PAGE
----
Carparks on move

23:42, Jun 29 2010

THE AUCKLAND City Council is steaming ahead with plans to reallocate parking at Matiatia, despite local opposition.

It is applying for resource consent to make the Owhanake car park in Ocean View Rd the central parking point for users of the ferry at Matiatia.

Meanwhile, leased parking near the kayak sheds along the foreshore will be relocated to land being made available in front of the old Harbourmasters' restaurant.

Waiheke Community Board transport spokesman Herb Romaniuk is fuming.

He believes the plans will make life more difficult for residents and commuters, potentially damaging the economy and social makeup of the island.

Council transport officer Reg Cuthers claims each project is separate and unrelated, even though they are indirectly linked by being part of council's directional plan for Matiatia.


"But they are completely separate," he says.

He says the relocation of leased carparking to the area vacated by the car rental companies is the responsibility of council property officer John O'Brien.

The car rental companies will be moving to the Harbourmasters' building and their old offices bowled.

Mr Cuthers believes commuters can only stand to benefit from the move, saying the current grassy leased parking area often gets waterlogged.

He has no responsibility for that project but says he is working on the other one.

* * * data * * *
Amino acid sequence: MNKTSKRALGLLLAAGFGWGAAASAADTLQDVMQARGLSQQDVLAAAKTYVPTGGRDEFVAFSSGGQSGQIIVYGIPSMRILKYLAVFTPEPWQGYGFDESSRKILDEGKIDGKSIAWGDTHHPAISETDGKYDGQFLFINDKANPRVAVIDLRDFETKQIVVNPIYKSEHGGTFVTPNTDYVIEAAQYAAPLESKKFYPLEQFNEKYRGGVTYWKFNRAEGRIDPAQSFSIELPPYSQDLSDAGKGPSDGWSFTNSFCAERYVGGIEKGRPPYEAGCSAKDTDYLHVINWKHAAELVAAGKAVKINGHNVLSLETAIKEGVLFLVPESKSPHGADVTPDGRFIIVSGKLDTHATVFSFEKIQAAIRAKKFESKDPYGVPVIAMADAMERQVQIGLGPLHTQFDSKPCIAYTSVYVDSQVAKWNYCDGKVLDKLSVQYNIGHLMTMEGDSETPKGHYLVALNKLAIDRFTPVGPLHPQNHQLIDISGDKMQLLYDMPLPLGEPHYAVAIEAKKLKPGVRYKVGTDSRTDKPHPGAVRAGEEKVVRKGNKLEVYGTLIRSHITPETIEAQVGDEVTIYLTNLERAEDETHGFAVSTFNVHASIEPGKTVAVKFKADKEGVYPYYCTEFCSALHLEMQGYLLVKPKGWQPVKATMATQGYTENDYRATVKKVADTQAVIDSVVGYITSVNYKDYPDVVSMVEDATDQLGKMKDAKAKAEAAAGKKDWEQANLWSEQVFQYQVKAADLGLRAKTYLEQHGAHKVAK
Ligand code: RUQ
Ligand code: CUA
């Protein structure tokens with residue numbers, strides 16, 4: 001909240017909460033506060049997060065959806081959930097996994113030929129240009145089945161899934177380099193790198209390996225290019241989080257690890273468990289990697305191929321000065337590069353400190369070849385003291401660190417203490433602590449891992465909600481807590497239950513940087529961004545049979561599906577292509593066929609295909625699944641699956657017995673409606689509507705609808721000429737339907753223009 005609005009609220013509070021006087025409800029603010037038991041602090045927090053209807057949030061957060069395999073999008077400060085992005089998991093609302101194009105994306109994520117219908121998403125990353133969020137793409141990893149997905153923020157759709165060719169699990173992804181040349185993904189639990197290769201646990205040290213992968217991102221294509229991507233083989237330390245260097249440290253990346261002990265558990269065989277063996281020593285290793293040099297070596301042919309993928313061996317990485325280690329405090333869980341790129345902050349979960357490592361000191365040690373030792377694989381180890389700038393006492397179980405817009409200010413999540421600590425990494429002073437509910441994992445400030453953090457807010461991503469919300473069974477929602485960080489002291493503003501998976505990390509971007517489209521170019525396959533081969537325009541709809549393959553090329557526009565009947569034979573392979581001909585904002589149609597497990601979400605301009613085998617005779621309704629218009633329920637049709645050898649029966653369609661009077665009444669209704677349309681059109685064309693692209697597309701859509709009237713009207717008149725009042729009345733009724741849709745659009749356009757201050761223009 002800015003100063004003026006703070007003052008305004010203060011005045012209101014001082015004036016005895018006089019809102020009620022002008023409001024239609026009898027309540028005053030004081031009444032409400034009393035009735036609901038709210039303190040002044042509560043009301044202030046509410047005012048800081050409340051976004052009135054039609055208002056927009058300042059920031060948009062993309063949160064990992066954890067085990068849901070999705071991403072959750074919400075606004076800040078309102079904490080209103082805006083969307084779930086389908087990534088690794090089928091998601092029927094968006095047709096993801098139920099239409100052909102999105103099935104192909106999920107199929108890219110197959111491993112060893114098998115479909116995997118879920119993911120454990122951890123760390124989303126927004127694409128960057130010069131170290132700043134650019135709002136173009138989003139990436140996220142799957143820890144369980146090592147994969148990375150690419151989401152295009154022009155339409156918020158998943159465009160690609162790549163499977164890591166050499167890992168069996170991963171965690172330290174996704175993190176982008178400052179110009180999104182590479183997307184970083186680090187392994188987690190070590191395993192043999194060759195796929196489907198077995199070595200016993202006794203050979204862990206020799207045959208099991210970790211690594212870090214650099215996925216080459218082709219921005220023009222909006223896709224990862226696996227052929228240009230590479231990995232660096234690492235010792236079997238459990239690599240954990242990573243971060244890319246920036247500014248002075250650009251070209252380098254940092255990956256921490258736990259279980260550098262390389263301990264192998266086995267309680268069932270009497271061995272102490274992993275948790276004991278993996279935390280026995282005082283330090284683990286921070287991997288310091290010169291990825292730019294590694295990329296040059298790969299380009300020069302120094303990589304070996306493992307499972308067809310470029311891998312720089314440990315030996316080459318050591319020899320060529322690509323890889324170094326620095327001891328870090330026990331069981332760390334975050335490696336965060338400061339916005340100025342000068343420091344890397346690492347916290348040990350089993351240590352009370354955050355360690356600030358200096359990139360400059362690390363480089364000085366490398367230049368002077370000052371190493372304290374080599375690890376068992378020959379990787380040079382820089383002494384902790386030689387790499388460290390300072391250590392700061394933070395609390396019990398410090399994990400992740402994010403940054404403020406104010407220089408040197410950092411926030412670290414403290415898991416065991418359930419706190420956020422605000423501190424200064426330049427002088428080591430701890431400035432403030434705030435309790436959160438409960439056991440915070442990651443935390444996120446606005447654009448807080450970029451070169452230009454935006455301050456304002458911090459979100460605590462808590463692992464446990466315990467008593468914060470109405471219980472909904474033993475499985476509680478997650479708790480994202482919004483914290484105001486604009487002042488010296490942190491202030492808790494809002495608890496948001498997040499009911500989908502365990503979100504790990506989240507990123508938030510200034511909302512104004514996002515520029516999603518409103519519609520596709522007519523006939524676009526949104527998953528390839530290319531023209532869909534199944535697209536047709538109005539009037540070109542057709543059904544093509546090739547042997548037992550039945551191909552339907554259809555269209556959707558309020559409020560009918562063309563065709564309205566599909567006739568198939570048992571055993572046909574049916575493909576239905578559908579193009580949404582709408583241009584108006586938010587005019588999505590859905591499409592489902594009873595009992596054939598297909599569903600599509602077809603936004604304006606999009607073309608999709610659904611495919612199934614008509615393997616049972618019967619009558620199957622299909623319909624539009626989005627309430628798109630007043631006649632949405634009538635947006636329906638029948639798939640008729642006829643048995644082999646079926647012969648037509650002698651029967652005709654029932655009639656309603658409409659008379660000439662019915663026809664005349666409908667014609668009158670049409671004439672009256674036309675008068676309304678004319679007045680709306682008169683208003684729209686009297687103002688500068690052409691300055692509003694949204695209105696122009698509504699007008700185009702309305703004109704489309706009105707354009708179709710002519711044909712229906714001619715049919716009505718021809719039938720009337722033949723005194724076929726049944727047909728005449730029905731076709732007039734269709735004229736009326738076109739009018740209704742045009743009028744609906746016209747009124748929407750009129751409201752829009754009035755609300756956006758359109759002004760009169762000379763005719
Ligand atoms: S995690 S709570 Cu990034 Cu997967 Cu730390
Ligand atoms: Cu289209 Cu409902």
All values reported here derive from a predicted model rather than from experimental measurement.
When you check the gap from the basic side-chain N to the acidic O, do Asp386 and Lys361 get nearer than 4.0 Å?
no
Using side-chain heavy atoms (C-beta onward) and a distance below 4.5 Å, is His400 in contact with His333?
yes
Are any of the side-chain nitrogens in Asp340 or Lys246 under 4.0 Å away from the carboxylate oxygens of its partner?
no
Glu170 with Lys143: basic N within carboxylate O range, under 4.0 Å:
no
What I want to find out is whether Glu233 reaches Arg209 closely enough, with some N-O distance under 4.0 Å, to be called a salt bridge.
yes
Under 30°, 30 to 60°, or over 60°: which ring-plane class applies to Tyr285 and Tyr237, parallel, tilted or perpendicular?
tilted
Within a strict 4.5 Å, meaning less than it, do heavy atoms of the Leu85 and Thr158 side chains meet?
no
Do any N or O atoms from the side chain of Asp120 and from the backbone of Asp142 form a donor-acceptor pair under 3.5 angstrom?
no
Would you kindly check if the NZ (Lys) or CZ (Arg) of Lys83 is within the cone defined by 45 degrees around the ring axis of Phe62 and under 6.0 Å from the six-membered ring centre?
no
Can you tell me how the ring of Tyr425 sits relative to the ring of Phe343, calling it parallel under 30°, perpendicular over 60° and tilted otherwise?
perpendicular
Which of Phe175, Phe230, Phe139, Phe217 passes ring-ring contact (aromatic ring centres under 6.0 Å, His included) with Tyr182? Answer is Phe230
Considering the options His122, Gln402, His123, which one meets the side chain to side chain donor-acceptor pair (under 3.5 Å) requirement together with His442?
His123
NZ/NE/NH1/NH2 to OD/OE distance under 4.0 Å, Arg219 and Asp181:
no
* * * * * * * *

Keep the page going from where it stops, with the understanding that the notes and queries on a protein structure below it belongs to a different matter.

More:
Mr Cuthers is looking to get resource consent for the Owhanake site so it can be the main carpark, as per the land-banked plans for development at Matiatia.

The council owns the land at Matiatia but has done nothing with it, deciding to put plans on hold during the economic downturn.

Now it is planning to get resource consent for the carpark so it is in place for any new development when the chance arises.

Mr Cuthers says the process normally takes around two years.

He says consultation is already under way with the two affected neighbours overlooking the site.

But he was not able to give any direct answer over whether the application for consent will be notified. "It is not a given," he says.

Mr Cuthers believes concerns that commuters and other travellers will be seriously inconvenienced by not being able to park next to the terminal are unjustified. "People don't expect to be able to park next to the ferry terminal in Auckland."

‘‘Why should it be any different here?’’

But Mr Romaniuk is adamant Waiheke has a special case, and parking should be left as it is. He is not happy about the plan to remove the leased parking from the grassed foreshore area and thinks there should be more parking near the ferry terminal, rather than the same or less.

And he says travellers with heavy luggage, mums with young children and pushchairs, and commuters returning home on late ferries will all be disadvantaged by a long trek to the new carpark – particularly in cold, wet weather.

Mr Romaniuk is a commuter himself and says many people get up very early, work long hours, and arrive back to the island late, so they need somewhere close to park.

He thinks if travel is made too hard for commuters many will move off the island and take wages often spent on island products and services with them.

He says the council’s argument that it needs to free up space for development is a ‘‘goofy’’ one, claiming no professional would want to touch what is essentially a transport hub.

‘‘It does not make sense. Look at Devonport. Those shops on the wharf are nothing. It started off as being something of significance but now restaurants are closed.

‘‘People get off the ferry and then they go. It’s not a place to sit at or buy anything. ‘‘Council is pressing ahead with plans for a development that’s a dead duck.’’

Waiheke Marketplace